Eventually I had them all finished up and cleaned.  Now, I decided to give something new a try.  I noticed that a 2×6 was just about the right height to hold the skin off the bench, but not quite thick enough to make it stable……HOWEVER…I realized I could use the bending brake I made with 2×6 boards to get the job done! I clecoe’d the counterbalance pipe to the skins, and then laid the skin over the bending brake and it worked great!.

Now, I could use my hammer and anvil dimpler set to create a nice dimple in the leading edge skins for the CS4-4 pulled rivet.


A few quick hits with the hammer and very nice little dimple was made in this rounded area!

You can see how well the rivet sits in the dimple now, and once I get it pulled, I believe I can use a small ball-peen hammer to round over the edges of the rivet to fit the countours of the leading edge on the ailerons.  I went ahead and did this to all the holes in both ailerons.  Now, all my parts were essentially ready for cleaning and primer.  I decided to go ahead and alodine my small parts since it’s easier to do that scuffing and cleaning, so I dunked them in a quick bath of alumaprep and alodine and rinsed them off.  They came out pretty decent!


I am headed out of town Sunday afternoon for a week, so I might be able to get these few parts primed this Saturday.  That will give them plenty of time to cure and be ready for final assembly and riveting when I get home next Friday.  That was a lot of work for one night, but I got a bunch accomplished.  Heres all the photos from tonights work:


Google Photos Link: https://photos.app.goo.gl/txFyiuYJP1s9RZ2u2

Hours Worked: 3.75

Deburring the Aileron Parts

Time to get down to the dirty work: Deburring, and edge finishing.  This will be a short post, but it was jam packed with work.  First I deburred all the holes in both aileron parts (skins, ribs, spar, etc).  Then, I deburred all the lightening holes in the spar, of which there are many.  I ended up using my Shaviv deburring tool to make easy work of all those lightening holes, and then touched it them up with a quick scuff of scotchbrite maroon pads. Next up was to deburr and smooth all the edges and corners of each part.  My bench grinder with a scotchbrite wheel helped this go quick. Then I had to manually work all the little tiny nooks and crannies that I couldn’t get with the wheel. The nose ribs were the worst! They are super thick metal, and have very complex curves, with some very tight spacing.  I ended up using a combination of emory cloth and maroon scotchbrite pads to get into all the tight spaces.  Eventually I had a bench like full of finished parts like this:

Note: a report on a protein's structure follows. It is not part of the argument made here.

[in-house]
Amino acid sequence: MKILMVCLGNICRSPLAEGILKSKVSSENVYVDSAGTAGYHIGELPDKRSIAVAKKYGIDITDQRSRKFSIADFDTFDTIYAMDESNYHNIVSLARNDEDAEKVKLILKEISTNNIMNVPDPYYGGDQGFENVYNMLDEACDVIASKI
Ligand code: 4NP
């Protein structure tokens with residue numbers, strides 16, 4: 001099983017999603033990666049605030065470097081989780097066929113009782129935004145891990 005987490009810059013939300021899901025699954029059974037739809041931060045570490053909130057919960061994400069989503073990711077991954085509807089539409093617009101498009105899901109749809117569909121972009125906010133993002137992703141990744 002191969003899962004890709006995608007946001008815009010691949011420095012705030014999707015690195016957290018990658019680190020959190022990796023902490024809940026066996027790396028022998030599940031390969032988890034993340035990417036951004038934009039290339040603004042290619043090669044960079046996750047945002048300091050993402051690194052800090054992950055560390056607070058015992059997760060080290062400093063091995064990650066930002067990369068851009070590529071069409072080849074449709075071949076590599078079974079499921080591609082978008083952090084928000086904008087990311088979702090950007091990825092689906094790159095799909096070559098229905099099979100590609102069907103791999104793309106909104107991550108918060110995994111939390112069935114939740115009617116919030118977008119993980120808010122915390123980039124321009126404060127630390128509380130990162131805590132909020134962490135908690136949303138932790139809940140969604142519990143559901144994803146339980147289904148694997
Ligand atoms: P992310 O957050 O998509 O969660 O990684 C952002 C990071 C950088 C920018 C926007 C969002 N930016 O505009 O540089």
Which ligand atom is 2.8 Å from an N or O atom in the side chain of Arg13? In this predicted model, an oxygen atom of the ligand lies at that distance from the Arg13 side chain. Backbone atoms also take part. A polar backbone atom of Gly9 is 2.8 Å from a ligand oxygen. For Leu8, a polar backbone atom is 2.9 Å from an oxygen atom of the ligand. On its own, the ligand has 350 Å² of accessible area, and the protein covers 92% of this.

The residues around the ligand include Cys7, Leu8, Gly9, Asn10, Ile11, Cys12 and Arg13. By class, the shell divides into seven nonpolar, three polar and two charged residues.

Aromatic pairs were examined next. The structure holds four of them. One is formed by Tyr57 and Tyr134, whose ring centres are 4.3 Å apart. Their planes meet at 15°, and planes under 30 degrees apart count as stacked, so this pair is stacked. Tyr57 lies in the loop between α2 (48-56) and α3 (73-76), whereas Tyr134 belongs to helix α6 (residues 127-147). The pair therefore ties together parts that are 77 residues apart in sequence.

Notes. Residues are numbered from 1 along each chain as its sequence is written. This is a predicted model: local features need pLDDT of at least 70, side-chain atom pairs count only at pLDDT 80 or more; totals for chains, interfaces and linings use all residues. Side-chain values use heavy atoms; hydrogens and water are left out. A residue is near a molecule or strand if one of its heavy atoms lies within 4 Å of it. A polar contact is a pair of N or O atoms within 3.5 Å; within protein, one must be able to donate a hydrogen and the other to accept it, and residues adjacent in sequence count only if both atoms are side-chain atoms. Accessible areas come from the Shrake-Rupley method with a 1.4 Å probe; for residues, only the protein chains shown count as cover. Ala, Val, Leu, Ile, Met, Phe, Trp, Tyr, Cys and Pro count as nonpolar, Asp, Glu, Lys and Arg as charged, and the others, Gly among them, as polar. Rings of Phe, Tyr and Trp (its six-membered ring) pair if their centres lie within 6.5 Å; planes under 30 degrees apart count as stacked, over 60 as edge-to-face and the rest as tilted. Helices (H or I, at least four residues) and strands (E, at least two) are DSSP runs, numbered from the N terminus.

Lastly, it was time to do the same to the skins (leading edge and trailing edge for both ailerons). I deburred all the holes, and then used a fresh scotchbrite pad to smooth down and deburr the edges of the skins.  The last step I used a edge rolling tool to induce a very very slight bend in the last 1/4″ of the edge of the skins, downward.  This little bend will help make a very nice lap joint where the leading edge skin overlaps the trailing edge skins at the spar.  I only did this on the leading edge skin, since its the one that overlaps. This photo doesn’t do a very good job, but you can kinda see the little edge bend (Its bent slightly upward in this this pic):

And that wraps up the session for tonight.  I have all my aileron parts ready to go to the next step, which is dimpling and priming, and then final assembly/riveting.  I’ll get everything dimpled tomorrow night, and also put the small parts into alumaprep/alodine baths, and hopefully have everything ready to prime Saturday.  I have to head out of town for a week for business, so that will give the parts plenty of time for the AKZO to cure and be ready for riveting when I get home Friday. One last photo!

Google Photos Link: https://photos.app.goo.gl/KS0S5Zift06309g42

Hours Worked: 2.0

Assembling the Right Aileron

Tonight was pretty much a duplicate of last night.  I started out by assembling the leading edge and the trailing edge skins to the skeleton and match drilling everything. Making sure to drill out the holes along the bottom to a #30 hole where the skins overlap the spars. Once I had both sides match drilled, I flipped it over to finish the work.

Next up was to drill the counterbalance pipe using the leading edge skin as a template.  Learning from the work last night, I used a #40 drill to first drill the holes in the counterbalance, and the opened the holes up to a #40 size.  After drilling into this steel, I believe my drill bit is finally getting dull.  I’ll finish up the ailerons and then replace it.

( That photo doesn’t show very good, but thats a 3/32″ cleco in that hole…it looks like a giant hole from this angle heh )